Well, Kevin Knight gave his Voynich lecture (it’s the one I mentioned a few days ago), and an attendee (Jeffrey Shallit) has been kind enough to post a high-speed précis of what Kevin Knight said onto his “Recursivity” blog. Of course, since you already know the basics, I can strip that down even further. 🙂
As I mentioned before, Kevin Knight’s approach is based around using expectation maximization to try to algorithmically categorize the letters in the alphabet into one of two clusters – basically, vowels and consonants. However, despite the looming vowel-like presence of ‘a’, ‘e’, ‘i’, and ‘o’ (that so convinces linguists), this approach fails to produce “anything particularly meaningful” for Voynichese.
His more recent research has tried the same trick but with words instead of letters. According to Jeffrey Shallitt’s post:-
When you do so, you get two clusters: the words in the “herbal”, “astrological”, and “pharmacological” sections predominantly fall into one cluster, and the words in the “biological” and “cosmological” sections predominantly fall into another.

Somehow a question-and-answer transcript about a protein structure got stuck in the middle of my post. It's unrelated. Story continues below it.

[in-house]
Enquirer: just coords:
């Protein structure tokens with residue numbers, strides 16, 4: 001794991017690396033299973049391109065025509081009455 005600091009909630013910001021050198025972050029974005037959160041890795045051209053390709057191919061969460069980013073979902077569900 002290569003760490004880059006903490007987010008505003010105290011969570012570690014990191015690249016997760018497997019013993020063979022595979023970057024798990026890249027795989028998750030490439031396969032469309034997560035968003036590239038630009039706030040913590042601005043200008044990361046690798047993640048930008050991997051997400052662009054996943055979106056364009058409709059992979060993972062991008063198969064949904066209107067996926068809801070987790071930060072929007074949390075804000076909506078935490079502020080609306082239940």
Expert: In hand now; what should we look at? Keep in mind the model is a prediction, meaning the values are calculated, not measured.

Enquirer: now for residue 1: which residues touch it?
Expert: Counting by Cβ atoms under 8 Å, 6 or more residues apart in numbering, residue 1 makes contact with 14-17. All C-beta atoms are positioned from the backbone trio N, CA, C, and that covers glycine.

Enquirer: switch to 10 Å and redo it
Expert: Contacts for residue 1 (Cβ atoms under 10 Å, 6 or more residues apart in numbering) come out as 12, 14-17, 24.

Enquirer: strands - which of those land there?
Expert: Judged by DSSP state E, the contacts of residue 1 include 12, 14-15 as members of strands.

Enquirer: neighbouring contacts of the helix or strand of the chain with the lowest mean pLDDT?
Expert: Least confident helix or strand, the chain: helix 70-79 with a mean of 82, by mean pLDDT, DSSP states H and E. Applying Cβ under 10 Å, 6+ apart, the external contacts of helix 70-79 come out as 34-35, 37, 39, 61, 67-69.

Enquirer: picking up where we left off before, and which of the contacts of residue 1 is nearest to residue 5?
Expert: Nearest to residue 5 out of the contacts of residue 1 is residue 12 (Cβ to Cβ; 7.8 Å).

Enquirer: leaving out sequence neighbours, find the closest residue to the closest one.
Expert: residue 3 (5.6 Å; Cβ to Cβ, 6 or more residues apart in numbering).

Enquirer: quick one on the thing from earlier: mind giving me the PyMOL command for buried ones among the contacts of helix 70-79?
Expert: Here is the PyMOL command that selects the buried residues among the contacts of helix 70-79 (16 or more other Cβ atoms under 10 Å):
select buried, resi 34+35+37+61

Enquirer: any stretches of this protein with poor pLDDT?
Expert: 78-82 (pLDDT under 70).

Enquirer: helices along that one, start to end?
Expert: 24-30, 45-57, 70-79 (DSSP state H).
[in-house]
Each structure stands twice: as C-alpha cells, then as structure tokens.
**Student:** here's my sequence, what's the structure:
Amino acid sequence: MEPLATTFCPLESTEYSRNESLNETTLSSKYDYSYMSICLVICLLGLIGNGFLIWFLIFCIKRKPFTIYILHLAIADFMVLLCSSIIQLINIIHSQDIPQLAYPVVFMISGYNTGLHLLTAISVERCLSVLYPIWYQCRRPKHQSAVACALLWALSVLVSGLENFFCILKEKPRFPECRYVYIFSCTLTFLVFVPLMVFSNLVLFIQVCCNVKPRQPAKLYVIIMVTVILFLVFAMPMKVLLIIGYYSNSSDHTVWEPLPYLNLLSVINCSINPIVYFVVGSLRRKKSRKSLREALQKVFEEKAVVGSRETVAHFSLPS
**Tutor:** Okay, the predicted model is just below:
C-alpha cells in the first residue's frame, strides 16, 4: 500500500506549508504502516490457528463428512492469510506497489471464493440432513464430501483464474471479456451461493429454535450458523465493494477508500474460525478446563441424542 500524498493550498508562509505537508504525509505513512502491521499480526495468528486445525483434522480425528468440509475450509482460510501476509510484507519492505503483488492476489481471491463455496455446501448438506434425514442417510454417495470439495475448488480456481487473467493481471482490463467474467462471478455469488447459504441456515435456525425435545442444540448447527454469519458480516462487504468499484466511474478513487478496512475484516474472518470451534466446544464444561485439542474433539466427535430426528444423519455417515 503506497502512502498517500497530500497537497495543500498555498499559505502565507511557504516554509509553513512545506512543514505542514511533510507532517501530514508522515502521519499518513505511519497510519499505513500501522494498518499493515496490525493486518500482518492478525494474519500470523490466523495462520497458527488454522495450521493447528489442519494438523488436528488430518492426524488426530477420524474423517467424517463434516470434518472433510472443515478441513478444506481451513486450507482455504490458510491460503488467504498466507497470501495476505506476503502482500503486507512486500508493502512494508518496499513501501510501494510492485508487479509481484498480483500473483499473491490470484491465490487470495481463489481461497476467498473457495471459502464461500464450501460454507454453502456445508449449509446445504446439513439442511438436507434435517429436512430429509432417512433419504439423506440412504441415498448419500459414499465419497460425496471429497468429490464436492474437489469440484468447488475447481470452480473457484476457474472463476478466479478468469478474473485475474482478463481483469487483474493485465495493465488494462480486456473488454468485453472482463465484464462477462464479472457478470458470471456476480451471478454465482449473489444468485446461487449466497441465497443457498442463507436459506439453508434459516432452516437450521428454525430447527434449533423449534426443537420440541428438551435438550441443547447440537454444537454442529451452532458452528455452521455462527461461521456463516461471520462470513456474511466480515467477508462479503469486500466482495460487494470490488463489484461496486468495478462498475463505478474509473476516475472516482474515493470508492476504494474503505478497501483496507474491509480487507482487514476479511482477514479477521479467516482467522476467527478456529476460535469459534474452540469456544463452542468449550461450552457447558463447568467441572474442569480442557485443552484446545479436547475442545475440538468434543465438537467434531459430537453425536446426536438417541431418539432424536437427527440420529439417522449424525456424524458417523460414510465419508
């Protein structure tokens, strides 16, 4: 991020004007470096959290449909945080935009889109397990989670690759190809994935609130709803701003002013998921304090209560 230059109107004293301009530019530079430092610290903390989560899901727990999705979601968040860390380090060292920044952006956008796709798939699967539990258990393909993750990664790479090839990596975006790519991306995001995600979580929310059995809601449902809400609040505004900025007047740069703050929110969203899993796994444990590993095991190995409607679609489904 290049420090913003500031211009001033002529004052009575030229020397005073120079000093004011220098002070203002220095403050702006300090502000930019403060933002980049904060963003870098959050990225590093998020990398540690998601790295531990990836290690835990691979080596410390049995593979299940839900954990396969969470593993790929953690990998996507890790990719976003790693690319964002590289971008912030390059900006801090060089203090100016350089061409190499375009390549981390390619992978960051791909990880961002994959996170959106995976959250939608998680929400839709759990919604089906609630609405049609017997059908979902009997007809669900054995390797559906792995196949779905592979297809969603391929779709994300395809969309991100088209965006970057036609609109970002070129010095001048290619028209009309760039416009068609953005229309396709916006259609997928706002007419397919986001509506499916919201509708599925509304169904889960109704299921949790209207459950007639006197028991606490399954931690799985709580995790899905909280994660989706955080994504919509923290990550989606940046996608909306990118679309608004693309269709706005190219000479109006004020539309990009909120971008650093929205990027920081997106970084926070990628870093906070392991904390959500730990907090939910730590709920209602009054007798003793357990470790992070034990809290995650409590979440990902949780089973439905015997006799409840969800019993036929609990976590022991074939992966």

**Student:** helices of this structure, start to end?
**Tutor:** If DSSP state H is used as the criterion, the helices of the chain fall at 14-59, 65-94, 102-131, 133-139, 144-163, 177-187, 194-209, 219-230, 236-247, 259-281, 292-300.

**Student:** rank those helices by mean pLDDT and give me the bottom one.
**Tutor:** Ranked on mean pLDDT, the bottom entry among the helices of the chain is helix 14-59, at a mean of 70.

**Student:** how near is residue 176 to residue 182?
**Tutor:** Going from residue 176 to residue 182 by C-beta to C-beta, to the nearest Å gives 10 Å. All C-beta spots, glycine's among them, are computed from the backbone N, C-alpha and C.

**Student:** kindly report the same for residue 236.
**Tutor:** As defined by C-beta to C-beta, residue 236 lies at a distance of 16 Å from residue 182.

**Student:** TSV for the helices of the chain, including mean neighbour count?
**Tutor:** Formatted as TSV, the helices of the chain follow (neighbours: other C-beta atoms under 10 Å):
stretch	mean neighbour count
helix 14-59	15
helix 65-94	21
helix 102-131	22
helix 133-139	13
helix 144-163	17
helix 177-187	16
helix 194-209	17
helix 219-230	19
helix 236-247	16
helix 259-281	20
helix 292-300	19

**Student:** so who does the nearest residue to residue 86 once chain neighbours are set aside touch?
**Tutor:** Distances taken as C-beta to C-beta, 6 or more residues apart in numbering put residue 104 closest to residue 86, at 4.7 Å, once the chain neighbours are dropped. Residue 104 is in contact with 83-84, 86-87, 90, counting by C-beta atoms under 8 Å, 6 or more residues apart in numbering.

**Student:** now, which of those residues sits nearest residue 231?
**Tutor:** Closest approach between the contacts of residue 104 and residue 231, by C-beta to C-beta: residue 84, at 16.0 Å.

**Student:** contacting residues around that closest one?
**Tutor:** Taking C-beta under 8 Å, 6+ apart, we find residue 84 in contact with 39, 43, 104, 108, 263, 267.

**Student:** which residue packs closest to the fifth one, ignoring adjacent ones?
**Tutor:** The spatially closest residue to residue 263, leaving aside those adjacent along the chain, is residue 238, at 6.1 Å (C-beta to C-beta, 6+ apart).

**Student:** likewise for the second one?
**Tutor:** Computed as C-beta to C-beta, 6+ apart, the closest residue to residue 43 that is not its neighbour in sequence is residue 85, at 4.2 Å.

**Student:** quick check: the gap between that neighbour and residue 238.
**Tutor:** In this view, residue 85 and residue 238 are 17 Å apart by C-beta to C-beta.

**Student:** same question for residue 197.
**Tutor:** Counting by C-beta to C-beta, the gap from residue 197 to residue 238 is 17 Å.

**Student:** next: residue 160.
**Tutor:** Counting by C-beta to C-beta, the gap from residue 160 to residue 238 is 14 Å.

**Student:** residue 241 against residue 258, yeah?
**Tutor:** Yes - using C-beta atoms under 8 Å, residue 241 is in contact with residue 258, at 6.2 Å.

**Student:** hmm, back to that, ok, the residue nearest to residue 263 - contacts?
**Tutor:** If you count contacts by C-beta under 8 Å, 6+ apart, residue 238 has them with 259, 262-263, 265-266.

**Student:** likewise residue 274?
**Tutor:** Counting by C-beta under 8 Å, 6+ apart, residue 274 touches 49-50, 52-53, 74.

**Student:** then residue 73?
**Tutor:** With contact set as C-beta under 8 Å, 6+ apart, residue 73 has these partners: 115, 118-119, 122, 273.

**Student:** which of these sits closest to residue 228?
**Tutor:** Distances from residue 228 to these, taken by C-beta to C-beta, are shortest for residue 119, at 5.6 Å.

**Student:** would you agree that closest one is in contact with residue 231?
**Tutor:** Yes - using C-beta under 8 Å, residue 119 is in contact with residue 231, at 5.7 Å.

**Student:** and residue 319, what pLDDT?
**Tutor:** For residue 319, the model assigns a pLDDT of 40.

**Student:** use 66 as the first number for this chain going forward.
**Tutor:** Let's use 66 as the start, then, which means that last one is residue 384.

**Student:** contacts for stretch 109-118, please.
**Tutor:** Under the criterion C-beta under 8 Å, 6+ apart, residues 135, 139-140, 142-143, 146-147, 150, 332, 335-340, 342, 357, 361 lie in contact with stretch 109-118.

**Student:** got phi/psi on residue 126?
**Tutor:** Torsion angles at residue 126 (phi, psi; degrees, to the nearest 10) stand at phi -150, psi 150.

However, Knight’s attempts to further subdivide these two clusters failed to produce any (linguistically) helpful clusters.
I think that while this is manifestly unhelpful to linguistic VMs theories, it may yet prove to be codicologically very productive. My position is that Voynichese evolved over time, and that the VMs itself was composed in a number of writing phases: it may well be that the clusters that are emerging are clusters in time, not in content. Could it be that this kind of cluster analysis could be used to reconstruct the developmental arc of Voynichese?
I hope that Kevin Knight decides to make his clustering results available, so that they may be assessed in the context of quite different (non-linguistic) ways of looking at it…